I think you’re missing the fact that he’s comparing two different services offered by S3.

      1. Does S3 include a “processing fee” to cover the percentage take of payment processing services? This should be included as well when calculating the ratio of fees to sell books. Amazon does not charge “S&H” separately.

    2.  Setting up a secure, online store and processing center? Those costs were amortized long ago.

      It sounds like what’s happening is, Amazon is offering free 3g to Kindle owners on the backs of authors. In effect, Amazon got a free boost in Kindle marketshare (free 3g is a fairly big differentiator) by taxing the authors of the content it is selling. That is a dirty tactic.

  5. Is the book DRM’d? if it is, Amazon needs to encript the file separately for each buyer.

    1. Even then it would be a negliable cost, otherwise Apple would have to charge this fee, too. 

    2. And how much do you think it costs to encrypt an 18Mb file?

      Let’s say an 18MB file takes 2 seconds to encrypt (that’s a conservative estimate).  You can buy an hour of computing time on Amazon’s EC2 for 8 cents.  Ignoring that Amazon can probably get a discount on EC2  time, the cost of encrypting an 18MB file is approximately $0.00004.  (or 4 cents for each thousand books sold).

      Not worth considering.

  6. So, as someone finishing the final draft of a book who is thinking of selling it online through Amazon and iBooks, my initial idea of keeping the price low i.e. $2.99 to encourage people to impulse buy is not going to work? This seems unfair as that’s how the app market works (and works well).

    1. If you’re writing a book, yes. Your delivery fee will be on the order of a penny or two.

      Your average ebook is going to be less than a megabyte. Andrew’s book is an order of magnitude bigger, so he gets penalized.

    2. What foobar said.

      Also, as a fellow indie author, I’d suggest looking into Smashwords as your distro platform. It makes it easy to get your ebook into every venue, and they’re up front with the costs, which are very reasonable (usually around 15% distro fee).

      The Kindle fees are a little high, but I’m sure that, with pressure form alternate distribution sources, Amazon would lower them a bit. They’ve made it clear they want to stay competitive business-wise, and if everyone else is dropping prices, they will be forced o as well.

      1. Smashwords is a bit shady. They won’t allow you to submit just plain epub/mobi files; they force you to use their converter, keeping you dependent on them.

        Also, their 15% is above any vendor charges, 

        1.  Smashwords is the least shady ebook retailer I’ve used. They don’t force you to use a converter: they have a free ebook that teaches you how to properly format your book and they do a check to make sure you did it correctly (something which Kindle could certainly benefit from).

          Amazon, on the other hand, forces you to use their proprietary format, ensuring your purchases can only be read on Kindle, and they encourage (if not require) DRM. And you can’t set free titles.

          Smashwords distributes to many other (smaller) retailers and keeps less in commission than B&N, Kindle, and iBookstore. You can make your books DRM free, and you get the same cut no matter where you set your price. And you can post it for free.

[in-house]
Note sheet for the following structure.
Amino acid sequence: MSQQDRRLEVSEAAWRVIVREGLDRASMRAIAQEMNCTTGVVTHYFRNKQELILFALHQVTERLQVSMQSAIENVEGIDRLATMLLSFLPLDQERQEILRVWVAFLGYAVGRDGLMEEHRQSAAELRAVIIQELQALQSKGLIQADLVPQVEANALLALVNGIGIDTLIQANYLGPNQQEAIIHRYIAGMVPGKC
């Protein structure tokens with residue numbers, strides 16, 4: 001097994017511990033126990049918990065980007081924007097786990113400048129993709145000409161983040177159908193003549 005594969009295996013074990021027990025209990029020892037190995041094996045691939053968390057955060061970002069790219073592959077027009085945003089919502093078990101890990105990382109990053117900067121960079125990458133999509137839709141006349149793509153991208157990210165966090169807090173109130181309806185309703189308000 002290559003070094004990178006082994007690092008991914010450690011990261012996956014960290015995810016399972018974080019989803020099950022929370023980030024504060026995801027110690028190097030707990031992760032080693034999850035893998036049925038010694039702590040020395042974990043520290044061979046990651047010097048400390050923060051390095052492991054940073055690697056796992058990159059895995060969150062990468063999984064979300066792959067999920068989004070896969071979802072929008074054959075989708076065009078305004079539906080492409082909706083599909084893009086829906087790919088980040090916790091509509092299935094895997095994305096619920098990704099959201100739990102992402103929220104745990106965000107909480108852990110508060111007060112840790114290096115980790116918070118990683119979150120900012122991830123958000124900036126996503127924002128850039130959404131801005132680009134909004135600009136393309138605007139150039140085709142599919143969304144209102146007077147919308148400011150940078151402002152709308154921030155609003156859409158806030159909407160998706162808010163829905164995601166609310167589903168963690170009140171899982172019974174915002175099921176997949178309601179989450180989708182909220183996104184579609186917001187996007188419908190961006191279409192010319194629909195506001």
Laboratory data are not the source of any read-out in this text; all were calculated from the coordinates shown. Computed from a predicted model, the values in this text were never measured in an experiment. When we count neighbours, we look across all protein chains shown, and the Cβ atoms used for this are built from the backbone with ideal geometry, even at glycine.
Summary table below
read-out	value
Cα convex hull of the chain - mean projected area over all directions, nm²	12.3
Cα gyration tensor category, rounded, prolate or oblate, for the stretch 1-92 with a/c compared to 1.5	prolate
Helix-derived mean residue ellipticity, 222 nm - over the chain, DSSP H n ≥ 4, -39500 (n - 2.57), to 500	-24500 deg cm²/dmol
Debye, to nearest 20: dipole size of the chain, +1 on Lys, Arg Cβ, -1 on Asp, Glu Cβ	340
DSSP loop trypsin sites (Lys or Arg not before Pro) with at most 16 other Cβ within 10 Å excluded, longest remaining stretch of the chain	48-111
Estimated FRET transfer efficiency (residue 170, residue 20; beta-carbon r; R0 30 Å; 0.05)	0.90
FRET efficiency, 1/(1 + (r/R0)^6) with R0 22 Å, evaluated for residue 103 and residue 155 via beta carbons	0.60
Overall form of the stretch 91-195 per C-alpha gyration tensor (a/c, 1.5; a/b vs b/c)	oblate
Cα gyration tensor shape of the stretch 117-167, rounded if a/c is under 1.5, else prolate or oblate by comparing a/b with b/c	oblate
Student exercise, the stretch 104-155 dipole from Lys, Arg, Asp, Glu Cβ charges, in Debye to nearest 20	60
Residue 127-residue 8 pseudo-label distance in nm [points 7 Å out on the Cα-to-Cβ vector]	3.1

Plus, when PayPal got all shitty with the erotica/pr0n rules, Smashwords fought back in support of their authors and won.

          Smashwords is terrific, and Amazon is the shadiest bastard on the block

          1. I just double checked and yes, Smashwords does still force you to use their converter. You can’t just upload epub/mobi files to them.

            Amazon’s format isn’t proprietary; the spec is published. It predates ePub quite significantly, and they are technically almost identical. You can set free titles on Amazon and they neither encourage nor discourage you to use DRM. It’s a choice they leave up to you, with no default.

            Smashwords like to present themselves as an angel, but they’re really not.

        2. I double checked the DRM thing, and yes they allow you to choose without swaying.  I stand corrected on that.  The price thing though is still a big “nope”.  They say quite clearly the price  “Must be between $.99 and $200” and any attempt input a price below .99 is met with red text and prohibition.  Can you tell me where they allow free uploads?

  7. It’s reasonable to assume that the 30% they charge is not for the delivery of bits, but rather for the Amazon website access. They have a lot of overhead to run the site. And they have a significant market presence, so people looking for ebooks are drawn to the Amazon site.

    Raw bits cost about $.000000000001 each to deliver. Amazon knows that. We know that.

    If you don’t like to pay for the name, then use a less popular site.

    1. “If you don’t like to pay for the name, then use a less popular site.”

      Maybe you missed the part that said, “B&N didn’t sell enough to move the needle for him.”

      When your choice is between selling in a global superstore or from a van parked on the side of the road, it’s not much of a choice, now is it?

      1. L – most authors and even publishers concentrate their efforts on Amazon.  We have sold nearly 10k worth of books at B&N just this month – because we stuck with it and figured out how to sell there.  It’s not B&N’s job to move his needle, it’s his…if you publish yourself, you have to market as well, and if you mostly market in ways that will increase sales on Amazon, that’s where the needle will move.